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Category: hospital labor shortage

Telehealth News Roundup: Strategies to Combat Hospital Labor Shortages

If COVID-19 weren’t enough of a challenge, hospitals and healthcare systems face significant labor shortages. Some healthcare workers are switching jobs for higher pay and better benefits, while others are choosing to leave the industry completely.

To maintain appropriate staffing levels and continue to provide high-quality patient care, hospitals must look to implement short- and long-term recruiting and retention solutions.

How can providers better understand and address the ongoing staffing shortages? Our monthly news recap explores the strategies that could combat labor shortages and improve staff recruitment, and retention in 2022.

6 proven strategies from nurse execs to combat the nursing shortage in 2022


There are several key factors contributing to the current nursing shortage: a lack of nurse educators, limited spots in community colleges, and the Great Resignation. However, there are proven strategies—including increasing diversity, prioritizing workplace culture, and adjusting protocols to meet nurses’ needs— that can increase nurse retention. By executing some or all of these strategies, healthcare leaders can positively change the outlook for the future of nursing.

2022 forecast: 5 trends that will make or break healthcare’s labor shortages

Fierce Healthcare

Experts predict that staffing shortages and increased labor costs will continue to fuel higher expenses and declines in operating cash flow for healthcare systems. According to the American Nurses Association, there will be more than 100,000 registered nursing jobs available annually by next year. Fortunately, there are several factors that may help mitigate the labor shortage in the next year and beyond.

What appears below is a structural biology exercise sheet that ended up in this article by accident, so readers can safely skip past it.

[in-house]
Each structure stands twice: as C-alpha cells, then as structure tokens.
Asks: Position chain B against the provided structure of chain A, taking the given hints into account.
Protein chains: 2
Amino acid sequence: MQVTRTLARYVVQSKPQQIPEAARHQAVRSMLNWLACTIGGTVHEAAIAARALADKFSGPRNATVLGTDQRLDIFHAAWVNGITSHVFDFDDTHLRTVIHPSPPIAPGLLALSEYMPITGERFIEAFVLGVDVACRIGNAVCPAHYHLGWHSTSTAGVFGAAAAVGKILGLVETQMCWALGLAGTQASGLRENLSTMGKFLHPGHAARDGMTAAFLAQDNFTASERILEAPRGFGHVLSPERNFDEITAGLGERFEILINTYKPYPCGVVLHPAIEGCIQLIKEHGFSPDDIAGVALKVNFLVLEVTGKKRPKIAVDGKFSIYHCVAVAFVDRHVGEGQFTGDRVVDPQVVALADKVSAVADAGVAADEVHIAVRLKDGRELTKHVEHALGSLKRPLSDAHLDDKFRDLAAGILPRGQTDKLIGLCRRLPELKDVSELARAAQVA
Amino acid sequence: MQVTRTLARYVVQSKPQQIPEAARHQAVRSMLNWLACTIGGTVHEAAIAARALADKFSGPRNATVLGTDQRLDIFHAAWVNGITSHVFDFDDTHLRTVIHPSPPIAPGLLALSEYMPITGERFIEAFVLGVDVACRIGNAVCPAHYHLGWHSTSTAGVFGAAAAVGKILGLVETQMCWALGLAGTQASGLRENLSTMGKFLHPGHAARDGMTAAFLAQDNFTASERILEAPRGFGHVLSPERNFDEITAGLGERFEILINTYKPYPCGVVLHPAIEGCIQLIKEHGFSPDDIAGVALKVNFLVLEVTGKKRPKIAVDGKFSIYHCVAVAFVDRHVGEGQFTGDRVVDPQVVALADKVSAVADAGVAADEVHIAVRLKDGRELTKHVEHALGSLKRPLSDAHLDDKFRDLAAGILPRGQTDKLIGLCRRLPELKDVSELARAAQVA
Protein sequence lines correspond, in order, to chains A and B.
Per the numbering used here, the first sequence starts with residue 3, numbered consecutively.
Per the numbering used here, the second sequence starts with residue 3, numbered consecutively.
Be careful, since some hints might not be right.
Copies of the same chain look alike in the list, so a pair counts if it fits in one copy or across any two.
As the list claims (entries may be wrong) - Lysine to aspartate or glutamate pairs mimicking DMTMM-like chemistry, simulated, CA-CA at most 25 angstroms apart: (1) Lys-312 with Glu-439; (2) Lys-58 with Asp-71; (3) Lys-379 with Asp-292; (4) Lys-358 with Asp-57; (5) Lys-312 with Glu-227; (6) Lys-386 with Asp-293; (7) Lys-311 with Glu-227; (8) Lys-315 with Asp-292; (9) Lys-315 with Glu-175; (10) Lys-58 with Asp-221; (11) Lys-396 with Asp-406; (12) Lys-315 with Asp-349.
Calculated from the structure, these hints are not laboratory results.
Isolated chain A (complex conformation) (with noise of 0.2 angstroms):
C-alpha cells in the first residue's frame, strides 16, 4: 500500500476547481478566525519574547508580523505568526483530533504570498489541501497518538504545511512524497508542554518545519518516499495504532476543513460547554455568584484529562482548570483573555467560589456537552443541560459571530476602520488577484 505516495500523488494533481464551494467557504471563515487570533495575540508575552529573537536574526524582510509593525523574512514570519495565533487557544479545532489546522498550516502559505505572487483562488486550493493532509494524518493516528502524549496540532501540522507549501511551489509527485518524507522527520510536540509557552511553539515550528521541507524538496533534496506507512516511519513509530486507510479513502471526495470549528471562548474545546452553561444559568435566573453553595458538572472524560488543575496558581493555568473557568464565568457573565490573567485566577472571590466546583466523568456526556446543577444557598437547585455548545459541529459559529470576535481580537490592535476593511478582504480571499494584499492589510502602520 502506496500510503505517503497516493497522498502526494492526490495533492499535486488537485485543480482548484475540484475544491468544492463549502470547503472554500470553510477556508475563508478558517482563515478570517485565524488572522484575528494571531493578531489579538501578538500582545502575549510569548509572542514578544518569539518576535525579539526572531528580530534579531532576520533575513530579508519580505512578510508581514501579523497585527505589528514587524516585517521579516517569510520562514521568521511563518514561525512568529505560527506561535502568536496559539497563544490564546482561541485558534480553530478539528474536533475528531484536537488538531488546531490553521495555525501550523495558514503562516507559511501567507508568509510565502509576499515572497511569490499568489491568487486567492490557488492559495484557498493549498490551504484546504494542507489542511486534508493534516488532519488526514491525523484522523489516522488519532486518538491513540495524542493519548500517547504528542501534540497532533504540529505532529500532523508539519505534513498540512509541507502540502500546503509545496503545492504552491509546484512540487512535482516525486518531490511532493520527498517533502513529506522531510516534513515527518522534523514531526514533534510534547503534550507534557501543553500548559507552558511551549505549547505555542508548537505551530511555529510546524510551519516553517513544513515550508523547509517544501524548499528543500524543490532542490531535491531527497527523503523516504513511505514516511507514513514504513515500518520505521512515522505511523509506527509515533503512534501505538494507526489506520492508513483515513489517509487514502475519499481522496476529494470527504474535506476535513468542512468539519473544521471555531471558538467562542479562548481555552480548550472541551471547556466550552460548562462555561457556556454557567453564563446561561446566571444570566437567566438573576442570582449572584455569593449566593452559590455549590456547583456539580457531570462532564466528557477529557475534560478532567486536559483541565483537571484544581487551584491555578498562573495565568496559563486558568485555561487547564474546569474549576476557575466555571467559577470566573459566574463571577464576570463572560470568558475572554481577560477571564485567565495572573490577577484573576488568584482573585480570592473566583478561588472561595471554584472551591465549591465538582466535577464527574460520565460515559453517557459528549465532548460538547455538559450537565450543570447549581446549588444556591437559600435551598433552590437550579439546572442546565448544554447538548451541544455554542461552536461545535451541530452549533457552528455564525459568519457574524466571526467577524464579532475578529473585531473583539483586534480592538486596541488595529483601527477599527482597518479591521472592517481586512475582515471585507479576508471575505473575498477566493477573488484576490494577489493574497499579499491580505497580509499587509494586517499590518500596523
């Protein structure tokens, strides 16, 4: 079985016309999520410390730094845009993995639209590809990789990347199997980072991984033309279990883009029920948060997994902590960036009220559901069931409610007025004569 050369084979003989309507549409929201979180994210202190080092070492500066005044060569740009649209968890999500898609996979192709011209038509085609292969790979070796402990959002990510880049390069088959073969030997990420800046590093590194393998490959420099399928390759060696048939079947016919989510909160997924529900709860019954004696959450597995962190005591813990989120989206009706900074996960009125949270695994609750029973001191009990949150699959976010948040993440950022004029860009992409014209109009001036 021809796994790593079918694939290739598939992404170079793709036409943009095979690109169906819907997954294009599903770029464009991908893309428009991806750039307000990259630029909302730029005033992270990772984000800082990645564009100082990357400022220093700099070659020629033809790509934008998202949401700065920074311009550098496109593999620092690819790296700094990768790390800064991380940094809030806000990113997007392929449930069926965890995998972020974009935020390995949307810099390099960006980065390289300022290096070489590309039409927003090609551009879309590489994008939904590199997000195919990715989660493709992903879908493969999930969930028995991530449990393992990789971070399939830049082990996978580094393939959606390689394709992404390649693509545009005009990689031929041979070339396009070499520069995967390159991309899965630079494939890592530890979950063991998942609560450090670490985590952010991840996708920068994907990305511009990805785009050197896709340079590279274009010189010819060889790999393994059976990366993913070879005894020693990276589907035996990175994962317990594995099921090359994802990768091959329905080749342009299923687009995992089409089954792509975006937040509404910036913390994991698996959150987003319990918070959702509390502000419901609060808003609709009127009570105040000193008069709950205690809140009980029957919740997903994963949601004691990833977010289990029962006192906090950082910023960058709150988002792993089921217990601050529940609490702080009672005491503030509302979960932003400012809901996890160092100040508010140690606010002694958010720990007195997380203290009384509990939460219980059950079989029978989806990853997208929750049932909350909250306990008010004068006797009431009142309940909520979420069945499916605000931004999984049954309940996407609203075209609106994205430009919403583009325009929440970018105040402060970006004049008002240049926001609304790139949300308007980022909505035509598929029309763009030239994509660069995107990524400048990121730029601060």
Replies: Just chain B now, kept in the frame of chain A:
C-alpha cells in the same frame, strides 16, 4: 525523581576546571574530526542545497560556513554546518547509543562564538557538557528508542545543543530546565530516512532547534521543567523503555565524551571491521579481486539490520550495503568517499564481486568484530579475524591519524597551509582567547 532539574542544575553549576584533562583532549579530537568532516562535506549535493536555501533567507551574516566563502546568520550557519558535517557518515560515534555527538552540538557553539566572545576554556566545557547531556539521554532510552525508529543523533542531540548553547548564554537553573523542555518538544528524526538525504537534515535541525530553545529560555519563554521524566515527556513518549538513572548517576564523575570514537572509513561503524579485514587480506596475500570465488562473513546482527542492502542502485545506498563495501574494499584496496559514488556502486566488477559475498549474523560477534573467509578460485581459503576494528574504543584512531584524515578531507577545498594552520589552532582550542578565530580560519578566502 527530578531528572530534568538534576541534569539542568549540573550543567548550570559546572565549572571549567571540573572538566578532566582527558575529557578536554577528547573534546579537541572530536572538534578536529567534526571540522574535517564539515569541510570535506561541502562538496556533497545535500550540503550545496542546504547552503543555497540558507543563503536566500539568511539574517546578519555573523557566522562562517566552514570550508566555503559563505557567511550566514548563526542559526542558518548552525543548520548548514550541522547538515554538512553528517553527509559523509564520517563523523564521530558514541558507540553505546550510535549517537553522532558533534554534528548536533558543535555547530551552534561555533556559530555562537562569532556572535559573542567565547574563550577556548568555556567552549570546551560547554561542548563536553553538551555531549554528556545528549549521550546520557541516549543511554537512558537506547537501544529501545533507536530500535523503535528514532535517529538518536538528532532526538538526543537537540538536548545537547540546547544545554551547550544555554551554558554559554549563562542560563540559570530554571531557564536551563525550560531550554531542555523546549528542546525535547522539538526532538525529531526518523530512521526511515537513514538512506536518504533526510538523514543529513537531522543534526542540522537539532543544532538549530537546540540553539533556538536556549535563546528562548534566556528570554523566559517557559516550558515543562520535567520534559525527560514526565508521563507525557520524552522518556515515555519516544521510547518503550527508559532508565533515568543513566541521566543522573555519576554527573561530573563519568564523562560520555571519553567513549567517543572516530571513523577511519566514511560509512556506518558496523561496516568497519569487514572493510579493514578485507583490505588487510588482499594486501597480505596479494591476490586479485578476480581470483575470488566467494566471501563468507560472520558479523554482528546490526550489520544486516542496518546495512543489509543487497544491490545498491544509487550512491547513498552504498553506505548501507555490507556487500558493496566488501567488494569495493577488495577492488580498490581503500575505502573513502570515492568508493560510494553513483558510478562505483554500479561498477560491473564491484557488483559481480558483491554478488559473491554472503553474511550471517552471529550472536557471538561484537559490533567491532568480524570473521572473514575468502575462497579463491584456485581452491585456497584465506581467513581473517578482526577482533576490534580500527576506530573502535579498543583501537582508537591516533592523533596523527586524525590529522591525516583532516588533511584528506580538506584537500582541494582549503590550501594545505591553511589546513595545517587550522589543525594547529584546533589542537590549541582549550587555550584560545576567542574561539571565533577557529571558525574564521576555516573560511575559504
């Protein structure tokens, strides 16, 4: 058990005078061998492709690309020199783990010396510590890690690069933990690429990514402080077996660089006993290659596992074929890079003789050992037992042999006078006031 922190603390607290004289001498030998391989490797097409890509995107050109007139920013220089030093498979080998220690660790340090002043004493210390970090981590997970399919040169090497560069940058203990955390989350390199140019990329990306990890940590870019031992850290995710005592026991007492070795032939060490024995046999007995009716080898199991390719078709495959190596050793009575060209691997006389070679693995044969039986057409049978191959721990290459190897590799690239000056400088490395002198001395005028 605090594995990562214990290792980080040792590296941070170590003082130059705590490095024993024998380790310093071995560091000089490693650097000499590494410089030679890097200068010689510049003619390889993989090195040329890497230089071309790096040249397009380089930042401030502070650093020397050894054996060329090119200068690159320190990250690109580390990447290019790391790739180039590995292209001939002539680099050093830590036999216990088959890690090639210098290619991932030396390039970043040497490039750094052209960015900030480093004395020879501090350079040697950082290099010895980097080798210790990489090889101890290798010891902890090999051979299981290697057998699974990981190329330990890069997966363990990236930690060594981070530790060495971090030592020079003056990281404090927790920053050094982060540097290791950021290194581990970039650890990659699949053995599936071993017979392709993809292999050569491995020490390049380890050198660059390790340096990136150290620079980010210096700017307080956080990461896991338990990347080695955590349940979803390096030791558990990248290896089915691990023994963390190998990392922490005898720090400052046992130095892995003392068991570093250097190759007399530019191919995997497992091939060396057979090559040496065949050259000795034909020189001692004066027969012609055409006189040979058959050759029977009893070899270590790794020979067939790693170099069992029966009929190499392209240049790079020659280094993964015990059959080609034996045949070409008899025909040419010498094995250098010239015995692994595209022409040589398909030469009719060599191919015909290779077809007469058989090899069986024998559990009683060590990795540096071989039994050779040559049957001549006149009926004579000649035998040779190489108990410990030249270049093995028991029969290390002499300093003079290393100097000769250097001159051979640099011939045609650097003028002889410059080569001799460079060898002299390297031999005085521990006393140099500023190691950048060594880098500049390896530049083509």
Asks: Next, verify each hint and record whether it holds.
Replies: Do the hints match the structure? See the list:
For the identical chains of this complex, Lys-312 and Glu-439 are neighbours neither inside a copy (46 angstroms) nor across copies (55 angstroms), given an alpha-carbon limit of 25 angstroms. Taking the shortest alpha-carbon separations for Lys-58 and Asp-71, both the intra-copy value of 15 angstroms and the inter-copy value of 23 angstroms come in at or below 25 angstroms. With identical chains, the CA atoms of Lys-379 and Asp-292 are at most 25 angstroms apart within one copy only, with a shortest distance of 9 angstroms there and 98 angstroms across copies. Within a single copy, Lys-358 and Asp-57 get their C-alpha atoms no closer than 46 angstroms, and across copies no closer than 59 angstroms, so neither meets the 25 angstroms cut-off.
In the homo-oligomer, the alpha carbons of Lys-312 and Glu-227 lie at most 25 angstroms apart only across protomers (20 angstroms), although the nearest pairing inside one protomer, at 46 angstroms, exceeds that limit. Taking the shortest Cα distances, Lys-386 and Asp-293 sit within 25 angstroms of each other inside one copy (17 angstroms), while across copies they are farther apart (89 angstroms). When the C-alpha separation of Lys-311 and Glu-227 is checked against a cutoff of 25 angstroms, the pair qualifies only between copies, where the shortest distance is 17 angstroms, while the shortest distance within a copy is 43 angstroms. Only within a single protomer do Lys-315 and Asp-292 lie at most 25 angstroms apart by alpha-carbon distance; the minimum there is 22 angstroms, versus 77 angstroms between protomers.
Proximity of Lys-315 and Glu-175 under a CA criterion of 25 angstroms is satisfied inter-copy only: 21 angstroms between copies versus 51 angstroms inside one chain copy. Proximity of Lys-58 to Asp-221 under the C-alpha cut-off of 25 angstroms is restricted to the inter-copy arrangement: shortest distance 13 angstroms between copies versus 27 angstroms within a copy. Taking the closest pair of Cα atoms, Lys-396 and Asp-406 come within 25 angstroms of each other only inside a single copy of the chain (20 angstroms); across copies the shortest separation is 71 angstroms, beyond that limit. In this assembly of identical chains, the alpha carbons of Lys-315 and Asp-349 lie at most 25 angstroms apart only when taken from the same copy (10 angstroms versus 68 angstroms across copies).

Calculating return-to-work COVID-19 policies is a balancing act for hospitals

Infection Control Today

In the midst of labor shortages, hospitals are striving to strike the right balance between maintaining the safety of their staff and their ability to function adequately. With this in mind, the CDC recently reduced its recommended isolation time for healthcare workers exposed to COVID-19 from ten to seven days. Despite pushback from nursing organizations, and mixed evidence as to the period of contagion, systems following these recommendations have been able to ease their shortages somewhat, while monitoring the impact on in-house cases.

5 recent investments in healthcare employee retention, recruitment

Becker’s Hospital Review

In response to the ongoing healthcare labor shortage, several hospitals and health systems have made recent investments in recruitment and retention. Initiatives range from millions of dollars in pay increases, bonuses, and benefit enhancements to investments in education and upskilling programs.